"To survive a motion to dismiss, a complaint must contain sufficient factual matter, accepted as true, to state a claim to relief that is plausible on its face." Ashcroft v. Iqbal , 556 U.S. 662, 678 (2009) (quotation omitted); see Fed.R.Civ.P. 12(b)(6); Bell Atl. Corp. v. Twombly , 550 U.S. 544, 555-56, 563 (2007); Coleman v. Md. Ct. of Appeals , 626 F.3d 187, 190 (4th Cir. 2010), aff'd, 132 S.Ct. 1327 (2012); Giarratano v. Johnson , 521 F.3d 298, 302 (4th Cir. 2008). The court "accepts all well-pled facts as true, " but need not accept a complaint's "bare assertions devoid of further factual enhancement, " nor a complaint's statements or conclusions of law. Nemet Chevrolet. Ltd. v. Consumeraffairs.com. Inc. , 591 F.3d 250, 255 (4th Cir. 2009). "The plausibility standard is not akin to a probability requirement, but it asks for more than a sheer possibility that a defendant has acted unlawfully." Iqbal , 556 U.S. at 678.

Under North Carolina law, "[t]he elements of a claim for breach of contract are (1) existence of a valid contract and (2) breach of the terms of that contract." Poor v. Hill , 138 N.C.App. 19, 26, 530 S.E.2d 838, 843 (2000). McGarrity contends that no valid contract exists between him and AIT, because he signed the Agreement as an agent of Mission106, not in his individual capacity. See McGarrity Mem. Supp. Mot. Dismiss [D.E. 23] 6-9. "[A]n agent who contracts on behalf of a disclosed principal and within the scope of his authority, in the absence of an agreement otherwise, or other circumstances showing that he has expressly or impliedly incurred or intended to incur personal responsibility, is not personally liable to the other contracting party." Walston v. R.B. Whitley & Co. , 226 N.C. 537, 540, 39 S.E.2d 375, 377 (1946). However, "[t]he duty is on the agent to make this disclosure and not upon the third person with whom he is dealing to discover it." Howell v. Smith , 261 N.C. 256, 259, 134 S.E.2d 381, 383 (1964). It is not enough for the third party to have "had means of discovering that the agent was acting as such, " because"[m ]ere suspicion and means of knowledge do not amount to actual knowledge." Id. at 259, 134 S.E.2d at 383-84.

AIT alleges that McGarrity failed to disclose that he entered the Agreement on behalf of Mission106. That allegation is plausible given that the Agreement does not specify on its face that "Mission106 Marketing" is a limited liability company rather than a sole proprietorship. Agr. 1; see e.g., Howell , 261 N.C. at 259, 134 S.E.2d at 384 ("the use of a trade name is not as a matter of law a sufficient disclosure of the identity of the principal and the fact of agency"); MAS Corp. v. Thompson , 62 N.C.App. 31, 37, 302 S.E.2d 271, 276 (1983). Accordingly, on the current record, McGarrity's motion to dismiss is denied.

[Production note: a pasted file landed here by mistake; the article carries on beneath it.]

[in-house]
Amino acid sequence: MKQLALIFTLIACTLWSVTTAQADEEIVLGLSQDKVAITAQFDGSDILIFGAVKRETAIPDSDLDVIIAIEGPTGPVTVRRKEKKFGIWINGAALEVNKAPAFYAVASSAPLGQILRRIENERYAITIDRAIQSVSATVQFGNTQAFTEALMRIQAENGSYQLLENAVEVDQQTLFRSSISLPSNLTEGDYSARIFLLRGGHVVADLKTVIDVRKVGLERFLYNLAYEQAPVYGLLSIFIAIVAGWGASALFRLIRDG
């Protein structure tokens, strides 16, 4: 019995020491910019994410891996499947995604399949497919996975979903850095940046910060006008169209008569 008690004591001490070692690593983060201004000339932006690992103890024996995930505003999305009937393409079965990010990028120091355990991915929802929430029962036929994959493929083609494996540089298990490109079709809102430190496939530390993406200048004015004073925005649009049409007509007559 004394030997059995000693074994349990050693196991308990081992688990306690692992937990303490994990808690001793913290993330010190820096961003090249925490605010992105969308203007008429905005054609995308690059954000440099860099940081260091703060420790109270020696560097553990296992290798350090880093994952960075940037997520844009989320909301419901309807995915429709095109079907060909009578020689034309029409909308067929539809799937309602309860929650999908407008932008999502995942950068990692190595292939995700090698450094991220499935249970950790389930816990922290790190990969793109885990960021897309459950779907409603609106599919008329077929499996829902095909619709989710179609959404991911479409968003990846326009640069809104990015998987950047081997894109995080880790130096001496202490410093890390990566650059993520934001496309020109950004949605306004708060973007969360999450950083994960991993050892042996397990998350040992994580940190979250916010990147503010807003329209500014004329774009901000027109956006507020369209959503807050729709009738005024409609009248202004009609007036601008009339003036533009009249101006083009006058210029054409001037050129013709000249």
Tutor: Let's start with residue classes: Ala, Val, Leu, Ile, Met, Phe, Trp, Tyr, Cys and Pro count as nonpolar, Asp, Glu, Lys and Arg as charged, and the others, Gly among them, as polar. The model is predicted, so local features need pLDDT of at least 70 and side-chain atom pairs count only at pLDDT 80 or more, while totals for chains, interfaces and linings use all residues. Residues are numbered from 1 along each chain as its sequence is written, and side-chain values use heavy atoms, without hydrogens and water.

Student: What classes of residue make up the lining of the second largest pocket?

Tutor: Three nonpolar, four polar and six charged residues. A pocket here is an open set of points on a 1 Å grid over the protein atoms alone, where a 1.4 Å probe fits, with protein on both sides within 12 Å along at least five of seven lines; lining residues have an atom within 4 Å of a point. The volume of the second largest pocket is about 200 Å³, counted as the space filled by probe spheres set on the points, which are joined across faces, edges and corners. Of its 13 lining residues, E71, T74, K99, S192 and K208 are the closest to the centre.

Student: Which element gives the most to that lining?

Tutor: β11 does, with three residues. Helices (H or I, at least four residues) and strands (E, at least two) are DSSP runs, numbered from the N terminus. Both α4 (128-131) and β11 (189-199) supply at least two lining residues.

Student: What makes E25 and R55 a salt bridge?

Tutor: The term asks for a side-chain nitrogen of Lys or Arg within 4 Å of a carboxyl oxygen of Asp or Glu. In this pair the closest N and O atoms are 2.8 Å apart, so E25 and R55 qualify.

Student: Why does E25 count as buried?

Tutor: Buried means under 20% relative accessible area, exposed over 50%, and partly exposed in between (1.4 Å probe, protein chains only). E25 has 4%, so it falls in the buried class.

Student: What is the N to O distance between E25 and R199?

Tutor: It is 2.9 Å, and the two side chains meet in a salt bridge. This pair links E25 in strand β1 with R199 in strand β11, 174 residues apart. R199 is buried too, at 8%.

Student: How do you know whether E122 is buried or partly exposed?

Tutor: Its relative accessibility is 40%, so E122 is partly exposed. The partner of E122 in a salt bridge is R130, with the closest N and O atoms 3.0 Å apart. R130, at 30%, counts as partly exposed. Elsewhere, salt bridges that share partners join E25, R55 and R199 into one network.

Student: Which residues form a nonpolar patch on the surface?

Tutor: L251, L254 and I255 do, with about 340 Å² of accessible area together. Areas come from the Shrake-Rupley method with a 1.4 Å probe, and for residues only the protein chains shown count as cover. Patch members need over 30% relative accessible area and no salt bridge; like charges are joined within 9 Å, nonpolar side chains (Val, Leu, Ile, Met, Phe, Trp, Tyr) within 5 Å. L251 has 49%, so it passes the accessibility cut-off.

As for AIT's motion to dismiss Mission106's counterclaim, AIT argues that McGarrity entered the Agreement on his own behalf, not as the agent for Mission106, and that therefore Mission106 has failed to plausibly allege the existence of a valid contract between Mission106 and AlT. See AIT Mem. Supp. Mot. Dismiss [D.E. 31-1] 2-4. Mission106 has alleged that it is a party to the Agreement, and that allegation is plausible given that the Agreement lists "Mission106 Marketing" in the "Company Name" field on the Agreement, and lists McGarrity only as a "contact." Agr. 1; see, e.g., Indus. Air. Inc. of Greensboro v. Bryant, 23 N.C.App. 281, 284, 209 S.E.2d 306, 308-09 (1974). Accordingly, on the current record, AIT's motion to dismiss is denied.

As for AIT's motion to allow mediation without the personal presence of AIT's business principals, Local Alternative Dispute Rule 101.1 d(d)(1), requires the physical presence at mediation of "an officer, manager, or director of a corporate or entity party" with "full authority to negotiate on behalf of the entity and to approve or... recommend a settlement." This requirement may be waived only "[b]y agreement of all parties and persons required to attend and the mediator, " or by order of the court. Local Alternative Dispute Rule 101.1 d(d)(2). The only reason AIT gives for its motion is a preference to "avoid having its business principals away from its business operations" because "their personal presence is beneficial to the day-to-day operations of [AIT]." [D.E. 40], ¶ 3; see [D.E 41]. AIT decided to file a lawsuit and now finds itself in this court. This court expects AIT to abide by its local rules. AIT's preference does not warrant an exception to the local rules. Accordingly, AIT's motion is denied.

II.

In sum, the court DENIES McGarrity's motion to dismiss [D.E. 22], DENIES AIT's motion to dismiss Mission106's counterclaim [D.E. 31], and DENIES AIT's motion to allow mediation without the personal presence of AIT's business principals [D.E. 40].

SO ORDERED.